Windows dominance to last 'two to four years'

Windows dominance to last 'two to four years'

Summary: Microsoft IT Forum: Money is the main factor delaying the inevitable rise of other operating systems, according to some MS staff

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Microsoft's dominance in operating systems will continue -- though only for the next few years.

According to Mark Russinovich, co-author of Microsoft Press' Windows Internals and Inside Windows 2000, Microsoft will preserve its software dominance over alternatives such as Linux for the next two to four years, chiefly because the open-source community doesn’t have the same cash and resources to tap up as the world's largest software company.

Windows "still has a much more focused organisation looking at high performance", Russinovich said at this week's Microsoft IT Forum event in Copenhagen.

"Linux improvements are advancing quickly," he said, but added: "Linux efforts are kind of all over the place -- each vendor, like IBM, has its own Linux labs," which don't have the same scope or time to devote to boosting performance benchmarks over time.

He also added that budget constraints are an issue, citing the example of the Open Source Development Labs' $10m budget. In contrast, Microsoft has poured $6bn into research and development this year across all its operations.

That figure may well narrow over time but for open source to raise its game further for enterprise use Russinovich believes the issue of backward compatibility will have to be tackled. "Linus has no problem breaking backward compatibility in device drivers," he said, adding that created a "big problem" for companies today.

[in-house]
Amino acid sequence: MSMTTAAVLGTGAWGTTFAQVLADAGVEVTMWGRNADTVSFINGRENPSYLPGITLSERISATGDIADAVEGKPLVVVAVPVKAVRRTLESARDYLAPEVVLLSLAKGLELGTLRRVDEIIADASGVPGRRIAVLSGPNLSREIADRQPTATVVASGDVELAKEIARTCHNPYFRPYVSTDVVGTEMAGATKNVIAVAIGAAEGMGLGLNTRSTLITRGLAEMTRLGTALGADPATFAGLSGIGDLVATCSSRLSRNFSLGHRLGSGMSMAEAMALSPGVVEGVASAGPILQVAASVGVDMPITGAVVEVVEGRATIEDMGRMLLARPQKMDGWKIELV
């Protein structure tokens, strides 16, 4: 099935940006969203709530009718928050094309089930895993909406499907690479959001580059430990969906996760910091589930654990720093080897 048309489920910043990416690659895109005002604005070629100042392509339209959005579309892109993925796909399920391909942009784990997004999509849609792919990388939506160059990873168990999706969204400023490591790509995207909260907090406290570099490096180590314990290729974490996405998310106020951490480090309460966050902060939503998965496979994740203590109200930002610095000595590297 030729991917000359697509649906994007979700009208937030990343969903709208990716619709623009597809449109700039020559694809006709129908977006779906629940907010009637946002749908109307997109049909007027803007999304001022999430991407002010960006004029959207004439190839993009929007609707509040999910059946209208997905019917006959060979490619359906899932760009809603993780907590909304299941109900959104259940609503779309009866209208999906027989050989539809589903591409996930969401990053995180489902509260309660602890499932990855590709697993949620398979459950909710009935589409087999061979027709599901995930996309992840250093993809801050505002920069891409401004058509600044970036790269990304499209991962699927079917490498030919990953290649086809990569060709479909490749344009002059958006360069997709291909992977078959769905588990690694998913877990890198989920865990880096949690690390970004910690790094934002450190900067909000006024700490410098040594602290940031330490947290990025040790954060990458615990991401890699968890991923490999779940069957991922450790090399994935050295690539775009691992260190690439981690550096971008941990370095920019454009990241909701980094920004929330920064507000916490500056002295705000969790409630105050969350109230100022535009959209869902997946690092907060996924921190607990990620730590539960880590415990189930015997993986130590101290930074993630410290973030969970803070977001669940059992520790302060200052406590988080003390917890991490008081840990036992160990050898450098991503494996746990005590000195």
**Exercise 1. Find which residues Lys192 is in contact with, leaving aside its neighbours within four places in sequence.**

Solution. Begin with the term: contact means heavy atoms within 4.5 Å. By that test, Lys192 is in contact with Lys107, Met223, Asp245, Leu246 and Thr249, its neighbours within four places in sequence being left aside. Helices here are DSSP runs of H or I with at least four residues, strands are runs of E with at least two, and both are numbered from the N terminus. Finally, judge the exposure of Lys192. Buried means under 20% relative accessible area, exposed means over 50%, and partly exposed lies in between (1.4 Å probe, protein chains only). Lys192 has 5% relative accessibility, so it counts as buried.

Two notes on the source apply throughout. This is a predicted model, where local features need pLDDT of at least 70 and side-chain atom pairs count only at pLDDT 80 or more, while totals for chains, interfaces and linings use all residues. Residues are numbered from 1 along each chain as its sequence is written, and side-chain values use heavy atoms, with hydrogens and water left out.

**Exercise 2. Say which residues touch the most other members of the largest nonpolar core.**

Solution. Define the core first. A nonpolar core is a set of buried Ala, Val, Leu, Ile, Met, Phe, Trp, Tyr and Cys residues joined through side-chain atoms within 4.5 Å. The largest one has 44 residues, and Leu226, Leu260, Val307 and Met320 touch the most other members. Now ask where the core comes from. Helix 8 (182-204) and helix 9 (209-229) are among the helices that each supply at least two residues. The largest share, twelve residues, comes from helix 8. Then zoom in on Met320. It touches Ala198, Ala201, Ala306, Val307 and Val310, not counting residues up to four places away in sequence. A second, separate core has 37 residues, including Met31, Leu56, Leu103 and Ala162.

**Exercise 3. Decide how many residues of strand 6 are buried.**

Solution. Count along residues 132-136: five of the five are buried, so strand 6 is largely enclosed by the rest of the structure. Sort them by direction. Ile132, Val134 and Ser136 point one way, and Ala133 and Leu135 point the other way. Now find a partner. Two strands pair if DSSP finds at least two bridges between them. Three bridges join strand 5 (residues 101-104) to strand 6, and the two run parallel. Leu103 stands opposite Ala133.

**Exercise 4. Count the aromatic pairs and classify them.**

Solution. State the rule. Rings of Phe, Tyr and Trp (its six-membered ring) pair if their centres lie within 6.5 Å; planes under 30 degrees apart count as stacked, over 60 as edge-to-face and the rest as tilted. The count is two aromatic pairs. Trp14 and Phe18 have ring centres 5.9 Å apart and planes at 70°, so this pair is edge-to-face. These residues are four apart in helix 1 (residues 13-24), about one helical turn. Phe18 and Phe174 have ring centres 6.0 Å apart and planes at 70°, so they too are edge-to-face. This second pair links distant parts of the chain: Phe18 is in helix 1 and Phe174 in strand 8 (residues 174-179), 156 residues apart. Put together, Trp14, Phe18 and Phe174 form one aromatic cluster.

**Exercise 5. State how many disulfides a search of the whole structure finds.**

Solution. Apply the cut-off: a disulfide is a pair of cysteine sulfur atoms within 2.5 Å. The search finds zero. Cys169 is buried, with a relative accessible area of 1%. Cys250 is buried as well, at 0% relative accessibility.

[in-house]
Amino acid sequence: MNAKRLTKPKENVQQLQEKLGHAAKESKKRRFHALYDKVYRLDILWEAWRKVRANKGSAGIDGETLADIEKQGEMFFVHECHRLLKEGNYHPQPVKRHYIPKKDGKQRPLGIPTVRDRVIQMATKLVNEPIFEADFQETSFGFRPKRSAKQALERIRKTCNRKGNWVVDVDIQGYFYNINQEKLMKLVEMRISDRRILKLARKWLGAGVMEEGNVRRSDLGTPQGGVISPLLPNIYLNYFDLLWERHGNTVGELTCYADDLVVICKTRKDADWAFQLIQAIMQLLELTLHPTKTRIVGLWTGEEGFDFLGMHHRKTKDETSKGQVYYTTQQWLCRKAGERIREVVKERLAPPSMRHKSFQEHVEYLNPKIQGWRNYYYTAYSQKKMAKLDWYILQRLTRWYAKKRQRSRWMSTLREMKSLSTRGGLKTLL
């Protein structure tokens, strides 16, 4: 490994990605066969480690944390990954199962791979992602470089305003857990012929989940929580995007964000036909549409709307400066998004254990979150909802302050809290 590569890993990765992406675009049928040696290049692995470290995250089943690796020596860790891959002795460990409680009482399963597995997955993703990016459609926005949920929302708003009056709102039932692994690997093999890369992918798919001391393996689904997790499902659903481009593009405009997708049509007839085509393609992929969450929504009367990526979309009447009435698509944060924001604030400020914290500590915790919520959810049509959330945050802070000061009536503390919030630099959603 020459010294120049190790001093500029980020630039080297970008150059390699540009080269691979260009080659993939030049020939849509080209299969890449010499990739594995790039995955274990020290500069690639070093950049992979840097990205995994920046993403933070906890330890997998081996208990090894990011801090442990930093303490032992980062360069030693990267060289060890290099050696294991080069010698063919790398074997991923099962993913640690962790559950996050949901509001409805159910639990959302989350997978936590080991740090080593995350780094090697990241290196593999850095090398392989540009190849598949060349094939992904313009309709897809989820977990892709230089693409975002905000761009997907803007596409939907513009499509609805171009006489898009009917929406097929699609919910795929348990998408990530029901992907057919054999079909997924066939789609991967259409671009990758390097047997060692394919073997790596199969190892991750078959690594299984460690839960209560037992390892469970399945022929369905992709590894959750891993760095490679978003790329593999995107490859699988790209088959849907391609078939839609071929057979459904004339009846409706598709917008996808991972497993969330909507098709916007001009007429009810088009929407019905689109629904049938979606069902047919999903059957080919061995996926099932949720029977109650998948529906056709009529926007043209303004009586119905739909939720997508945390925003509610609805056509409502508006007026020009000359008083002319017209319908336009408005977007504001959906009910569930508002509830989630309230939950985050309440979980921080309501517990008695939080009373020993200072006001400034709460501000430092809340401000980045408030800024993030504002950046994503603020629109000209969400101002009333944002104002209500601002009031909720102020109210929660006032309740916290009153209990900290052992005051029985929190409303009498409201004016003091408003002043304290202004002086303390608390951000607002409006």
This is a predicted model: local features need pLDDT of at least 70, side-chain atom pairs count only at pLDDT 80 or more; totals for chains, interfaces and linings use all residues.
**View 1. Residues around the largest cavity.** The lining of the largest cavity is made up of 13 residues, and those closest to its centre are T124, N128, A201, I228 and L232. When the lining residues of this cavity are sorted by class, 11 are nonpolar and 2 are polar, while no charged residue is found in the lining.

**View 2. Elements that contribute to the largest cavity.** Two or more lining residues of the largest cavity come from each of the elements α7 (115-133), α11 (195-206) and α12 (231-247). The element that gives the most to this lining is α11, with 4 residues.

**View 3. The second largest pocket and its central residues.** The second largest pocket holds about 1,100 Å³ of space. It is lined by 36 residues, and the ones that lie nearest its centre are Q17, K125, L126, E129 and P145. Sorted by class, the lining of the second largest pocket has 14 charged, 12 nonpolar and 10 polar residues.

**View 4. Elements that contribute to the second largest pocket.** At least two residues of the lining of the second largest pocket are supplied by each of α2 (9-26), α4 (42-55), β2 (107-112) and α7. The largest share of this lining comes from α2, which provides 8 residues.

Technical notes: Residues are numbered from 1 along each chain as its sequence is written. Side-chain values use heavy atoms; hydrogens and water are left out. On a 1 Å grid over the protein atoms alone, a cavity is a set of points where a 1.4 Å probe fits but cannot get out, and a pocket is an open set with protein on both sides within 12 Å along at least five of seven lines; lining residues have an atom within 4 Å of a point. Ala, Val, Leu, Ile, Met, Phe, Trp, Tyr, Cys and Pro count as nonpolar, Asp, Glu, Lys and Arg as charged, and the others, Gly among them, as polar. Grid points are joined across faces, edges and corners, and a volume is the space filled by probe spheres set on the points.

System administrators don't want to be recompiling code when a new kernel comes out, Russinovich said.

Jean-Philippe Courtois, CEO of Microsoft EMEA, repeated the company's stance on competition, saying it is good for Microsoft.

"We're serious about Linux," he told silicon.com.

"There's pressure from competition, absolutely [but] competition really provokes our best innovation," he added, claiming the dynamic of discussions on Linux versus Windows has changed. "It's much less emotional... it's becoming more rational," he said.

Topics: Apps, Software Development

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  • Why should backwards compatibility be a problem for Linux? How many users will have their own custom kernel modules that will need keeping in sync with the main kernel tree? The userspace API (libc) doesn't break between kernel versions, and that's what counts.
    anonymous
  • Given ZDNet's rather well-established and recognised role as Microsoft's de facto Ministry of Propoganda, when they themselves start printing stories like this, it's a good indication that MS are in very serious trouble.

    Ballmer's recent patent threats, and his increasingly visible stance of desperation and fear have been rather interesting to watch. What will be even more interesting will be finding out whether or not Microsoft will still exist as a corporation by 2010. I am beginning to have a feeling that there are even odds either way on that score. Whatever happens where that is concerned though, one thing is certain...Whoever hasn't already started looking at alternatives to Windows now has a more pressing need to do so than before. For Microsoft, the water level is now visibly rising.
    anonymous
  • I think windows days are numbered since the pay for a regular windows admin is decreasing. This means they have to do more because windows just keeps getting easier. The only bad part is that you cannot tailor it to work however you want it to work. As a result people will find higher paying jobs which leads them to learn linux and since the world is about natural selection everyone know LINUX will win one day.
    anonymous